The leader of the Familia Michoacana, Nazario Moreno González, alias “El Chayo” or “El Más Loco,” was killed Thursday in a police shootout, said a government spokesman.
The government is still trying to confirm the intelligence, said security spokesman and presidential advisor Alejandro Poiré Friday (see video below).
“The government’s advances has forced the criminals into retreat and escape [mode],” Poiré said.
Poiré said Moreno was killed Thursday in the city of Apatzingán, while the Familia imposed violent road blockades throughout the state of Michoacán. Government authorities were offering a reward of 30 million pesos ($2.5 million) for information leading to his capture. Poiré did not offer details or present a photo of the slain leader.
If true, the death of Moreno would be the latest in a series of high-level drug traffickers brought down by the Mexican government this year. Antonio Ezequiel Cárdenas, alias “Tony Tormenta,” a top operative of the Gulf Cartel, was shot and killed November 5. In July, authorities killed Ignacio Coronel, alias “El Nacho,” a top leader of the Sinaloa Cartel.
Moreno was infamous in the Familia for his use of evangelical Christianity to gain recruits. He has long been based in Michoacán, the center of operations for the Familia, and has run with operations with a firm hand, centralizing the group’s activities and extending its operations deep into the United States, according to this (pdf) U.S. indictment. Moreno’s successor is José Jesús Méndez Vargas, alias “El Chango.”
The Familia first emerged in Michoacán when the traditional power brokers in the state, the Milenio Cartel, split. The rival Gulf Cartel sought to take advantage of this split and sent its armed wing, the Zetas, to train a dissatisfied group of lieutenants of the Milenio group, among them Moreno. By 2003, its mission was accomplished, and the Milenio group was dissolved.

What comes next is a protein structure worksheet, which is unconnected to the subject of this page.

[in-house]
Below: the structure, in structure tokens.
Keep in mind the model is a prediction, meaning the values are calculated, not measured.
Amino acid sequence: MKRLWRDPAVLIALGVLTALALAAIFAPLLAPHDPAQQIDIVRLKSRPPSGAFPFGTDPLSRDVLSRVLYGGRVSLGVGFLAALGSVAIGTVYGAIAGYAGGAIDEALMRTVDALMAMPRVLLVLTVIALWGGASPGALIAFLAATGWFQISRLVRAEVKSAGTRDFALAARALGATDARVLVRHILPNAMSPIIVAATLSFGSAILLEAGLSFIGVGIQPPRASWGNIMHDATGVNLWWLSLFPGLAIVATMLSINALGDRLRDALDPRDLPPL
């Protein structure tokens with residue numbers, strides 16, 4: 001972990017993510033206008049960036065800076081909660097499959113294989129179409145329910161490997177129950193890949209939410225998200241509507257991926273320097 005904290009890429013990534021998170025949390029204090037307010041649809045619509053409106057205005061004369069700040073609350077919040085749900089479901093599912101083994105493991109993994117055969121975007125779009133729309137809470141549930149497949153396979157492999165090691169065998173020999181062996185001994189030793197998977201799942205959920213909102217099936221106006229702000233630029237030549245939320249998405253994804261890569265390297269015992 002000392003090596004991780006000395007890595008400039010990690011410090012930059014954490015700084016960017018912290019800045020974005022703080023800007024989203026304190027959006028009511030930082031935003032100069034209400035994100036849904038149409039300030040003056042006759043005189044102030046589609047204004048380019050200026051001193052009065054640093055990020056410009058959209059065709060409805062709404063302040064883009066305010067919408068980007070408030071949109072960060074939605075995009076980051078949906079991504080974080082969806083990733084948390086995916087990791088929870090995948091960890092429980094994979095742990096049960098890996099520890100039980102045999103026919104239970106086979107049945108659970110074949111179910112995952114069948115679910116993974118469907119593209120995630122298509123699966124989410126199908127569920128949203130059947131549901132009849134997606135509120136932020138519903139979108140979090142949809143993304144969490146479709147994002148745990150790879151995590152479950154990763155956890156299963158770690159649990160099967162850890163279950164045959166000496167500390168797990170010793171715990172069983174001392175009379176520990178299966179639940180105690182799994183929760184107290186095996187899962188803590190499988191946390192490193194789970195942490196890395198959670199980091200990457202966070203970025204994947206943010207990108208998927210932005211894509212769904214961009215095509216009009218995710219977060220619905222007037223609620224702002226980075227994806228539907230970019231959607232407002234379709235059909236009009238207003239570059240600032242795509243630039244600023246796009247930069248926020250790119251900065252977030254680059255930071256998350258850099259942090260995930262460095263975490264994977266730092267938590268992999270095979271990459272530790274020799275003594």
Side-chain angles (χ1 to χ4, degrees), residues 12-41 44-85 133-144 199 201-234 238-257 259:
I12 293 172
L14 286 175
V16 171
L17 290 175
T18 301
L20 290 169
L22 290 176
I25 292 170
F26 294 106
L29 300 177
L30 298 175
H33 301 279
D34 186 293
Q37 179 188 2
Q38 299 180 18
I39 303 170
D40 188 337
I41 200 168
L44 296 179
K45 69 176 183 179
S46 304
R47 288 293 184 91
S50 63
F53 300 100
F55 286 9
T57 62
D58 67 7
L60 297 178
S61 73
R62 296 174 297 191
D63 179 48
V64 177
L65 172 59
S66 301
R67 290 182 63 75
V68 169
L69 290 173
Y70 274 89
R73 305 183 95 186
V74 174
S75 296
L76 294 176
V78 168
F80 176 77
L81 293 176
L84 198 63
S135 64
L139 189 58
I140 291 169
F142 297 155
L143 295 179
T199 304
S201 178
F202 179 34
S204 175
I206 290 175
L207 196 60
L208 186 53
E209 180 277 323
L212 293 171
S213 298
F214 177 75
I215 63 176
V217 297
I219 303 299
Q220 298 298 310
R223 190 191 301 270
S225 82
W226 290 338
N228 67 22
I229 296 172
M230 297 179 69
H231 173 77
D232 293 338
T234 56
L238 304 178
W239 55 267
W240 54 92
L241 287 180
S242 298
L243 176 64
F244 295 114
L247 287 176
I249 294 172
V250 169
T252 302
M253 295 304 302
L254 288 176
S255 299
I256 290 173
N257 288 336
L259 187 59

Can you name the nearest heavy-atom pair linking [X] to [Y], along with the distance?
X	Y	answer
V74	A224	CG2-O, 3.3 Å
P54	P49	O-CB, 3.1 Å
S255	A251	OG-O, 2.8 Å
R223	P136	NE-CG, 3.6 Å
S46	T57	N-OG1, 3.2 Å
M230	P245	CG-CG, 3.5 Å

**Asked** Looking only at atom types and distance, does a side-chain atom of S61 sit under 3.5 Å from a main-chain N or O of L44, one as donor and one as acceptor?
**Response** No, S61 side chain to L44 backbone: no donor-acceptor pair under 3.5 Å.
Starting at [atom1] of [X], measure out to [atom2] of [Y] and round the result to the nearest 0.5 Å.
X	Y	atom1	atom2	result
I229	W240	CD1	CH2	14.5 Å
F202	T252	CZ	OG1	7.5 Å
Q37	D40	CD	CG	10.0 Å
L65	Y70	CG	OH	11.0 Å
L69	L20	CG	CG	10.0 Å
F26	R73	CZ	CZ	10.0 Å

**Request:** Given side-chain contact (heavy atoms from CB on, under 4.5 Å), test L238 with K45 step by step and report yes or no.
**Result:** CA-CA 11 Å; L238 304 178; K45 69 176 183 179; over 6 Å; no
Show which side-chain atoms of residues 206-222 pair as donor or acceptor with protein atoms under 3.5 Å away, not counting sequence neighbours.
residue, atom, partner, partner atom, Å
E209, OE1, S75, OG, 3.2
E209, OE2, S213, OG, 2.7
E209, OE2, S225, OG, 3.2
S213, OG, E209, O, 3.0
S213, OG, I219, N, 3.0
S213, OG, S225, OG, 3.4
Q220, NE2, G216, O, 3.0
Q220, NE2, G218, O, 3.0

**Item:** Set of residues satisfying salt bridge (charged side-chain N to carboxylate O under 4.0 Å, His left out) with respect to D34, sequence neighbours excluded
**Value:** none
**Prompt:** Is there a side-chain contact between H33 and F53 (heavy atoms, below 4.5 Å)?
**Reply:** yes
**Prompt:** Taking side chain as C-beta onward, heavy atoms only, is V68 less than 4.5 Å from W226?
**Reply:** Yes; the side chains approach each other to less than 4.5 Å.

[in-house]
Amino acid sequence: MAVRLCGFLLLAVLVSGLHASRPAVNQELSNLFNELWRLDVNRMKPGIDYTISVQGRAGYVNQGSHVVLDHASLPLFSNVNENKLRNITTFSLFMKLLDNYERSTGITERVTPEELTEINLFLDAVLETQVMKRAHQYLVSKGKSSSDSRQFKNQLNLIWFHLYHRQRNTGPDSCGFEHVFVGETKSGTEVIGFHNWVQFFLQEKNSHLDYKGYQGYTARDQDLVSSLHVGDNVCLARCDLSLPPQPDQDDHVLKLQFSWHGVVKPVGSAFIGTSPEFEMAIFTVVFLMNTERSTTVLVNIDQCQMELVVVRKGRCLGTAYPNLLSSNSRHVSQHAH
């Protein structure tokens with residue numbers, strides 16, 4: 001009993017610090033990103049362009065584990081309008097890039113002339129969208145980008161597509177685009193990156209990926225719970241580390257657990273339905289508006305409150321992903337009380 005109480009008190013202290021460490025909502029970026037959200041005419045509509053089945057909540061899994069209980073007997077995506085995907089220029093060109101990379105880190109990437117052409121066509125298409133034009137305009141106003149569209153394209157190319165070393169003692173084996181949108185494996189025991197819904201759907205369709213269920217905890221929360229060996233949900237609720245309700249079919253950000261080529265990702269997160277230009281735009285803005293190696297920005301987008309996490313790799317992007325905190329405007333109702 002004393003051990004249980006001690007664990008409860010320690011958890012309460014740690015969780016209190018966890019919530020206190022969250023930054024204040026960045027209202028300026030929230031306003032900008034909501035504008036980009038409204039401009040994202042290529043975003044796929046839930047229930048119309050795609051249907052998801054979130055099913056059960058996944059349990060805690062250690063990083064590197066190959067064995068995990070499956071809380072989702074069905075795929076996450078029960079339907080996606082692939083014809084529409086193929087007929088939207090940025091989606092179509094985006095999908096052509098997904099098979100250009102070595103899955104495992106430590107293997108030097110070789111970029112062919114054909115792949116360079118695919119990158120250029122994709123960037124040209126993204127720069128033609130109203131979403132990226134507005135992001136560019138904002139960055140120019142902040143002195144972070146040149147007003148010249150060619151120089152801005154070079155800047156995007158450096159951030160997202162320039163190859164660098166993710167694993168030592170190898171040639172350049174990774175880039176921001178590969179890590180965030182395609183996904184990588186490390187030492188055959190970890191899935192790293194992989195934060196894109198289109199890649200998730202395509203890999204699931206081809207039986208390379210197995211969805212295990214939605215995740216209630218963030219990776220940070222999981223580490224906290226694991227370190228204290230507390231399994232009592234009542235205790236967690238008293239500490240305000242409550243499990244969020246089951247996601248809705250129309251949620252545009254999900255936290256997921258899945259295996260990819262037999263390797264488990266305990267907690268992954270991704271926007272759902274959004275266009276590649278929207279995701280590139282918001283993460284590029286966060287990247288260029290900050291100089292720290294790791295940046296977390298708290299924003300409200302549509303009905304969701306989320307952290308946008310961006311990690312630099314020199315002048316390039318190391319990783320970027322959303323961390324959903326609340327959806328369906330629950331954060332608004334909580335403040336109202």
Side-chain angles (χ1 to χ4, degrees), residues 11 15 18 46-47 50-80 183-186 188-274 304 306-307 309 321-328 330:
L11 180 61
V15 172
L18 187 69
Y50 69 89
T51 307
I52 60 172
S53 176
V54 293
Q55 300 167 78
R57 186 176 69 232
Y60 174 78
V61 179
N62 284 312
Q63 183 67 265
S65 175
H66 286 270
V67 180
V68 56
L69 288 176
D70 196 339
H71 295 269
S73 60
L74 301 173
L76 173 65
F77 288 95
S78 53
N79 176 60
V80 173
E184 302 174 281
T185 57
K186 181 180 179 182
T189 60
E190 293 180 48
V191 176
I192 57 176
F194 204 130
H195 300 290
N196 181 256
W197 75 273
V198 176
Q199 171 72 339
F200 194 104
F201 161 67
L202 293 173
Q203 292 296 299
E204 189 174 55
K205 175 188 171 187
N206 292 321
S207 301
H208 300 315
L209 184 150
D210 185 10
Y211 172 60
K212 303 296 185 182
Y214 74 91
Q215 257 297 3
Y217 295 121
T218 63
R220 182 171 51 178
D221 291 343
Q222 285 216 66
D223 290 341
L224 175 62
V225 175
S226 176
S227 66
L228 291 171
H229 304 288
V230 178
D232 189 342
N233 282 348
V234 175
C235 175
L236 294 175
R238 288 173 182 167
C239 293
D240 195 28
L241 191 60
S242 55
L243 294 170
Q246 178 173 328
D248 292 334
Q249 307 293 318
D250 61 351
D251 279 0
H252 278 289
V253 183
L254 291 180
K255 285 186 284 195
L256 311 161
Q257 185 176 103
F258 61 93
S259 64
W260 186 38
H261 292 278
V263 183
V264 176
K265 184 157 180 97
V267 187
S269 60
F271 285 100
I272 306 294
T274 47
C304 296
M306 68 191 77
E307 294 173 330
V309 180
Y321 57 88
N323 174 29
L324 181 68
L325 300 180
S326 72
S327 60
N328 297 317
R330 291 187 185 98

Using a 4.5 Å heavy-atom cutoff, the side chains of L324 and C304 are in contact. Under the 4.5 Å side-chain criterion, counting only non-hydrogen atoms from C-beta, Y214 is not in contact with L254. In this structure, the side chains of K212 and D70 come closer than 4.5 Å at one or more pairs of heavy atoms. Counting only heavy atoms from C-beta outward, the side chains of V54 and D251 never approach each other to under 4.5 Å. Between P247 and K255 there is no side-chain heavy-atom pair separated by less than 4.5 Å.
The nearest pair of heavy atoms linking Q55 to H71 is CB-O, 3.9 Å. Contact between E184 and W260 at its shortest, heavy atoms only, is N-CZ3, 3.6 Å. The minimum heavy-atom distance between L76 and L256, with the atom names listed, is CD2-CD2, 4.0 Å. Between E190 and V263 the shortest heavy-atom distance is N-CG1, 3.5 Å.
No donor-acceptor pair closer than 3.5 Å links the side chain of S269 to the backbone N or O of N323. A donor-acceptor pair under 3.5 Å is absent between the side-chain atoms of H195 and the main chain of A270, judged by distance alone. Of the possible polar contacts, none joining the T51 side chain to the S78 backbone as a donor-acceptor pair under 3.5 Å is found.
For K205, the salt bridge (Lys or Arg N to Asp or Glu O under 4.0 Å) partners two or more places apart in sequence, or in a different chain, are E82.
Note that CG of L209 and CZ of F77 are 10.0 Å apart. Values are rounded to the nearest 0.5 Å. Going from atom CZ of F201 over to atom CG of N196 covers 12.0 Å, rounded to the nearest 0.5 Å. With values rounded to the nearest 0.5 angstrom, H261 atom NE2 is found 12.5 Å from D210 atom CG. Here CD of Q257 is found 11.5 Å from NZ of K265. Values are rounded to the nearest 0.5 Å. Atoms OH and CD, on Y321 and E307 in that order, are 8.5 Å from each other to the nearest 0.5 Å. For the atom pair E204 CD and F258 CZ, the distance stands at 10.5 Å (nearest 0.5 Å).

But the new wing, which at that time called itself “La Empresa,” soon sought power for itself and expelled the Zetas with the same sophisticated tactics it had been taught. Since then it has grown into one of Mexico’s largest drug-trafficking organizations, taking advantage of Michoacán’s strategic location near one of Mexico’s most important ports.
In early November, the Familia made apparent moves at seeking a “truce” with the Mexican government. A Familia operative, arrested on November 29, later said it was a public relations stunt. Mexican authorities seized the opportunity to declare that this was evidence of the group’s weakening hold in Michoacán.
The deadly shootouts on Thursday may have been an attempt by the Familia to reassert their authority. But the death of Moreno would represent another significant blow to the group.
Gunmen from the Familia began burning vehicles and ambushes police patrols on Wednesday night, essentially shutting down the deparment captial, Morelia. The violence lasted well into Thursday, and the death toll currently stands at eleven, which includes three civilians. The head of Mexican federal police, José Ramón Salinas, said that the security forces were still pursuing members of the Familia in Apatzingán. Several hundred Marines have been deployed to the area.
In its coverage of the battles and the death of Moreno, the Mexican press has focused on different elements. La Jornada de Michoacán said that Security Advisor Poiré did “not present one iota of evidence” to prove that Moreno was killed. It adds that when other leaders have been killed, authorities have provided details of the operations and pictures of the dead.
El Proceso highlights the lack of coordination and communication between the federal government and the Michoacán government, quoting the Michoacán governor as saying, “They never said anything to us.”
El Excélsior newspaper talks of the psychosis of the local population following the battles. Storefronts and schools remained closed, the paper said. It adds a disturbing statistic about flight from the zone: Close to 400,000 houses, or 27 percent of the housing, in the state of Michoacán, has been abandoned since the 2005 census, it says, quoting INEGI, the acronym for Mexico’s census bureau.
Finally, El Sol de Morelia, the news source from the capital of the province, says 500 people marched on Friday to protest the deaths of three civilians that included an eight month old baby and a seventeen year old.